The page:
My Shanghai stash: Shopping at Shi Liu Pu

Ladystitcher Shanghai stash

I brought very little fabric with me to Shanghai, so one of the first things I wanted to do here was to scope out the fabric markets. The more famous of the two biggest fabric sources in Shanghai is the South Bund market, but after some online research, I decided to check out its rival, the quieter and apparently less expensive Shi Liu Pu market, first. Both markets offer made-to-measure tailoring services and sell fabric by the metre.

There seem to be four floors at Shi Liu Pu, including the basement (the place is a bit of a labyrinth). There’s also a large area out the back of the second floor with a wider selection of wool and heavier fabrics. The market has an amazing range of silk, linen and cashmere, and there are several stalls which focus on denim and on jersey/knit fabrics, but there is very little cotton (that I could see).

Ladystitcher Shanghai stash 2

I tried to research prices online to get some idea what I should start from when haggling (I’m a terrible haggler) but the only notes I could find were on a 2011 forum post. So, I’ll include what I paid for the fabric in case anyone out there needs a more recent reference BUT bear in mind that I don’t speak Chinese yet and that really has a big impact on the price.

The plaid wool (medium weight, 40 yuan/Eur5 for 1m) shown in the top photo is destined to become a nice warm Delphine skirt, though I’ll have to source some lining first. The bow fabric beside it(2.5m for 80 yuan/Eur10) feels like a soft viscose/cotton blend and has a lovely drape, so could be good for another Myrtle, once I get a printer up and running for the ol’ pdfs.

The red jersey knit and the rose-patterned heavy ponte were each 90 yuan/Eur12 for 2m, and the floral viscose was 50 yuan/Eur6.50 for 3m.

On the one hand, I’m sure the prices will come down when I can actually negotiate in Mandarin and not just via a calculator app, but on the other hand, everything came in much lower than  I expected and at prices I was happy to pay.

I also made a quick trip to the notions market (one thing about shopping here is that so many stores and kiosks seem to be very specialised – so the fabric stalls generally only sold one or two types of fabric, and they didn’t sell any notions. In the notions market, generally the guys who sell zips only sell zips, or the button guys only sell buttons etc). At the notions market, the white lace and the wide black stretch lace in the photos above were each about 5 yuan a metre, and I bought a mixed bunch of a dozen invisible 22″, regular 22″ and short zips for 10 yuan.

To get to the markets:

Shi Liu Pu is on the corner of Dongmen Road and Renmin Road: take the metro to Yuyuan Garden, exit onto Fuyou Road and go east along that street until you hit Renmin Road. Go south on Renmin Road until you get to the junction of it and Dongmen Road (the market is a huge warehouse and it has a big sign on it at that corner with the name in English). It’s a 15-20 minute walk from the metro.

The notions market is on Renmin Lu: metro to Yuyuan Garden, take the exit for Renmin Road and head east along that road (it’s around 388 Renmin Lu, close to South Sichuan Road). It’s a 10 minute walk from the metro.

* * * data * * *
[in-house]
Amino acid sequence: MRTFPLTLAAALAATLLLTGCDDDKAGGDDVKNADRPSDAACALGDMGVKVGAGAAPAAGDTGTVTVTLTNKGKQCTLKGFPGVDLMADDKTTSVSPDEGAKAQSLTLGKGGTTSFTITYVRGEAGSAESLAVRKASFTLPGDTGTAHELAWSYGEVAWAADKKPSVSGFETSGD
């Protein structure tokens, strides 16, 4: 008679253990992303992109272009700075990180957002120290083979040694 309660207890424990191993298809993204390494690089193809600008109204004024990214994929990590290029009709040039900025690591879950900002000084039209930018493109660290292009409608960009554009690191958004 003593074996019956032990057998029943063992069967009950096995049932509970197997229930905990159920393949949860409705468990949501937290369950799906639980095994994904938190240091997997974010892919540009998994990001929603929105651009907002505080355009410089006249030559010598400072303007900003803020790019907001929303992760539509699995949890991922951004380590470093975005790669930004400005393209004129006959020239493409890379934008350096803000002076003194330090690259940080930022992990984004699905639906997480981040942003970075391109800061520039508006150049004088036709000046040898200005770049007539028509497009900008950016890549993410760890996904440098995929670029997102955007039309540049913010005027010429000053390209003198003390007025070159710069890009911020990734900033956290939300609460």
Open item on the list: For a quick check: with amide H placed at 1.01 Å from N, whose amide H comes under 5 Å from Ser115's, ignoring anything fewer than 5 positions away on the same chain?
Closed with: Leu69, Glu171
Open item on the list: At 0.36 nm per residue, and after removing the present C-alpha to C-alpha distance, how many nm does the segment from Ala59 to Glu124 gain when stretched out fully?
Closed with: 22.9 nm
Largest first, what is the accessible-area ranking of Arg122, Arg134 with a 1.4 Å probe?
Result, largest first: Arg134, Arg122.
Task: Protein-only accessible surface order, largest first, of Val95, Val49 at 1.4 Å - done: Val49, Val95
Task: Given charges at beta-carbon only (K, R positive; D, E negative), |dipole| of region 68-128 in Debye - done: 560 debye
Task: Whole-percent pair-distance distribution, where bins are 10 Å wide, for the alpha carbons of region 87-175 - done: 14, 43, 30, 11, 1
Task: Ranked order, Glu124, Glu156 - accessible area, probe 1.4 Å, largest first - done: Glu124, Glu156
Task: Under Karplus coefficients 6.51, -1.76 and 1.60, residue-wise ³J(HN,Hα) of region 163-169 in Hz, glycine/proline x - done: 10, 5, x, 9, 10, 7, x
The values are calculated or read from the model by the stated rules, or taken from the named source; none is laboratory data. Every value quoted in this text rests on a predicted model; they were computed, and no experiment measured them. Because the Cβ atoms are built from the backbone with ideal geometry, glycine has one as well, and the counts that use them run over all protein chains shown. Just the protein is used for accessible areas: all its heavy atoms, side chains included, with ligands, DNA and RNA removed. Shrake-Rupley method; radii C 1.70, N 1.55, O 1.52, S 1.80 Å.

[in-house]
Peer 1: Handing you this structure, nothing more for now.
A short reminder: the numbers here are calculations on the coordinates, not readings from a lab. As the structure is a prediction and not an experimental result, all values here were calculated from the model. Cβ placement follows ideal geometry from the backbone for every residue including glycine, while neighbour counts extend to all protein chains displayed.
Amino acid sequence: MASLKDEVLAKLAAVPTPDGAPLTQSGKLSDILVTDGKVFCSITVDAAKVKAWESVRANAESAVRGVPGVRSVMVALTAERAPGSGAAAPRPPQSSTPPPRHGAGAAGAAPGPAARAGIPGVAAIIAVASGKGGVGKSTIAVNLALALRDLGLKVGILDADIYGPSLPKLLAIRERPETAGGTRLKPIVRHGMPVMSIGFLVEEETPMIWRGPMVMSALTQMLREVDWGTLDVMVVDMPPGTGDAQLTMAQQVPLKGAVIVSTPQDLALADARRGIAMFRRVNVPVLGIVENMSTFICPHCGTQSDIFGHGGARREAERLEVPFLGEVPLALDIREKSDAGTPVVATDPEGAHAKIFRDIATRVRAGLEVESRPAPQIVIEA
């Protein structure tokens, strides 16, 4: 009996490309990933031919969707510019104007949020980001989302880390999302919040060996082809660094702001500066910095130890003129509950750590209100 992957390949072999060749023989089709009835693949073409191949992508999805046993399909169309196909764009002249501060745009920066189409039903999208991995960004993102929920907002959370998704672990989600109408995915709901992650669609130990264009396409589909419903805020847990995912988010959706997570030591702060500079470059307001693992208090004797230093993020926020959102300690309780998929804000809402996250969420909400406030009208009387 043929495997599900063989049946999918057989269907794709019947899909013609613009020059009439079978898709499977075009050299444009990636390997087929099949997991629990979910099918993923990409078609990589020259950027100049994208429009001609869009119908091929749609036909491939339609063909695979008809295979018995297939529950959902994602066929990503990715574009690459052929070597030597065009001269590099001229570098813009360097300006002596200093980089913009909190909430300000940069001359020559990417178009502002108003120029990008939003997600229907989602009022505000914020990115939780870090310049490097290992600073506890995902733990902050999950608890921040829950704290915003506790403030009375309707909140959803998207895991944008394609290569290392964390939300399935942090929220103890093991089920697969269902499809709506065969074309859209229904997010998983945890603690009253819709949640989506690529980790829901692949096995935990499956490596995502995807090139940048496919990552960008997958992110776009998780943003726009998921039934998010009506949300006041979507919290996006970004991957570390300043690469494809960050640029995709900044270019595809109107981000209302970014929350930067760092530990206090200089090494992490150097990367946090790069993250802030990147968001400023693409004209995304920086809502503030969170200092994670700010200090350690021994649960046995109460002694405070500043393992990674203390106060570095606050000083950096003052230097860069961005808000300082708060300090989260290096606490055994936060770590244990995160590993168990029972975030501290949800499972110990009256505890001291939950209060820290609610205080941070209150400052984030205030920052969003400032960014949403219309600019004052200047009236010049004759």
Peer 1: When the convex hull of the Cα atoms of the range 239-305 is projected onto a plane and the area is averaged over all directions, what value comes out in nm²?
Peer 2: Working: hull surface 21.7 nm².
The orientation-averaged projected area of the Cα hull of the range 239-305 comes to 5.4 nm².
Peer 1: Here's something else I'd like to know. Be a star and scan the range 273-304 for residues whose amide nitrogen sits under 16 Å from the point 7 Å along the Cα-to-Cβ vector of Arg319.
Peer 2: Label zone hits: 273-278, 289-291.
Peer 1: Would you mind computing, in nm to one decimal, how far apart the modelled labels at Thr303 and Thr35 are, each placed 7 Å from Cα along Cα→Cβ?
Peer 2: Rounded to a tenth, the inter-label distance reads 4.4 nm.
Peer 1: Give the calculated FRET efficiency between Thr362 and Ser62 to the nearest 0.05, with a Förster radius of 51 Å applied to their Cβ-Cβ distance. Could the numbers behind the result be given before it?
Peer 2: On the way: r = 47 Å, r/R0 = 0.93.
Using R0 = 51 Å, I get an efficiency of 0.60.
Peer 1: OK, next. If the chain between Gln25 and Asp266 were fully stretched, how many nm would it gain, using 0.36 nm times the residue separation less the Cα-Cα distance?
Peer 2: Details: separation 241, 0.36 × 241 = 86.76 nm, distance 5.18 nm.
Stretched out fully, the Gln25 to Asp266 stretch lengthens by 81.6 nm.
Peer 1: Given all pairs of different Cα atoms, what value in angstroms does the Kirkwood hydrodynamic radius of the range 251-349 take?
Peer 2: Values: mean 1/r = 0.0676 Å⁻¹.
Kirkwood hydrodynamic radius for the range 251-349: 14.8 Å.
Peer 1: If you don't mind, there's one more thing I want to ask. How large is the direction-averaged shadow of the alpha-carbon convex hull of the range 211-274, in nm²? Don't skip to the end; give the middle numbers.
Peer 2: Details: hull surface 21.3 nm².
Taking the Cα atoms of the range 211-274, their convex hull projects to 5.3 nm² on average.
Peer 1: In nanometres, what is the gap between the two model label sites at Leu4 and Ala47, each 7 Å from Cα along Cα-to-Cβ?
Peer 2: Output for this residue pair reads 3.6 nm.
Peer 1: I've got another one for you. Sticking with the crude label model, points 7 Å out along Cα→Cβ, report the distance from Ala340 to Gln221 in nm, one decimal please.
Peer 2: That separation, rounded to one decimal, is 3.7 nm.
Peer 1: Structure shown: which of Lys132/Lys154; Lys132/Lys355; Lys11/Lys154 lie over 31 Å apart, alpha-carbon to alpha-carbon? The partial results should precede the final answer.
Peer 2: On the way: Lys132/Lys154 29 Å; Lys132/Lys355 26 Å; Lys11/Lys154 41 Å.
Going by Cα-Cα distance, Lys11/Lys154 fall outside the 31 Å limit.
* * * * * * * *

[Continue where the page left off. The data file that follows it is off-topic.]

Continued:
Advertisement

Moneta II: (Re)covering a botched hem

Taken at the Botanical Gardens, just before we left Dublin

Taken at the Botanical Gardens, just before we left Dublin

I had all kinds of trouble attaching clear elastic to the waistline of my first Moneta. I got some great tips in response to my plea for assistance on tackling clear elastic and recently decided that enough time had elapsed for me to give it another go. I bought this bamboo jersey at Hickey’s in Dublin when I spotted it on sale several weeks ago, and managed to finish up the Moneta before we left for Shanghai. The jersey is quite thin and has a strong tendency to roll up at the edges – which contributed to things going a bit crazy at the hemline…

Moneta 2 bk Ladystitcher

I used a twin needle around the sleeve cuffs and neckline before working on the hem, so luckily those were already finished before disaster struck: the needles kept chewing up the hem and sucking it into the needle plate. I think this was down to a combination of bad fabric management on my part and having the tension a touch off (though it had seemed ok on the neckline!). Then, when I was trying to straighten things out, I hit a pin and shattered the twin needle. Whoops…

So, I managed to make a complete mess of the hem – it was really puckered and the back of the stitching was all kinds of odd. I didn’t want to cut the fabric and lose the length though, so instead I scouted out some lovely stretch lace from a haberdashery in the Powerscourt Centre, A Rubanesque. She didn’t have enough of the lace I’d picked out left in stock, so instead she suggested cutting this really wide one in half, which worked perfectly for making a nice wide band of lace.

Cutting Lace Ladystitcher

I hand stitched the lace on to make sure I moulded it around the skirt without puckering and so that it covered the hem evenly along the bottom. Here’s a closer photo of the lace being stitched on – and the ‘right’ side of the hem pre-lace:

20141002-152333-55413345.jpg

Ooof…

It feels like cheating a bit to basically put a band aid over what is a truly disastrous hem, but I quite like how it turned out! I’m not sure how I could have rescued it otherwise, without cutting up the skirt and re-doing the hem with a new twin needle. As it is, I really like this dress and have already worn it several times. The bamboo jersey is a lovely bright blue and is really, really soft, and the lace adds something a little delicate to what would have been a very simple dress.

Have you ever done an emergency patch-up or patch-over on a sewing project? How did it turn out?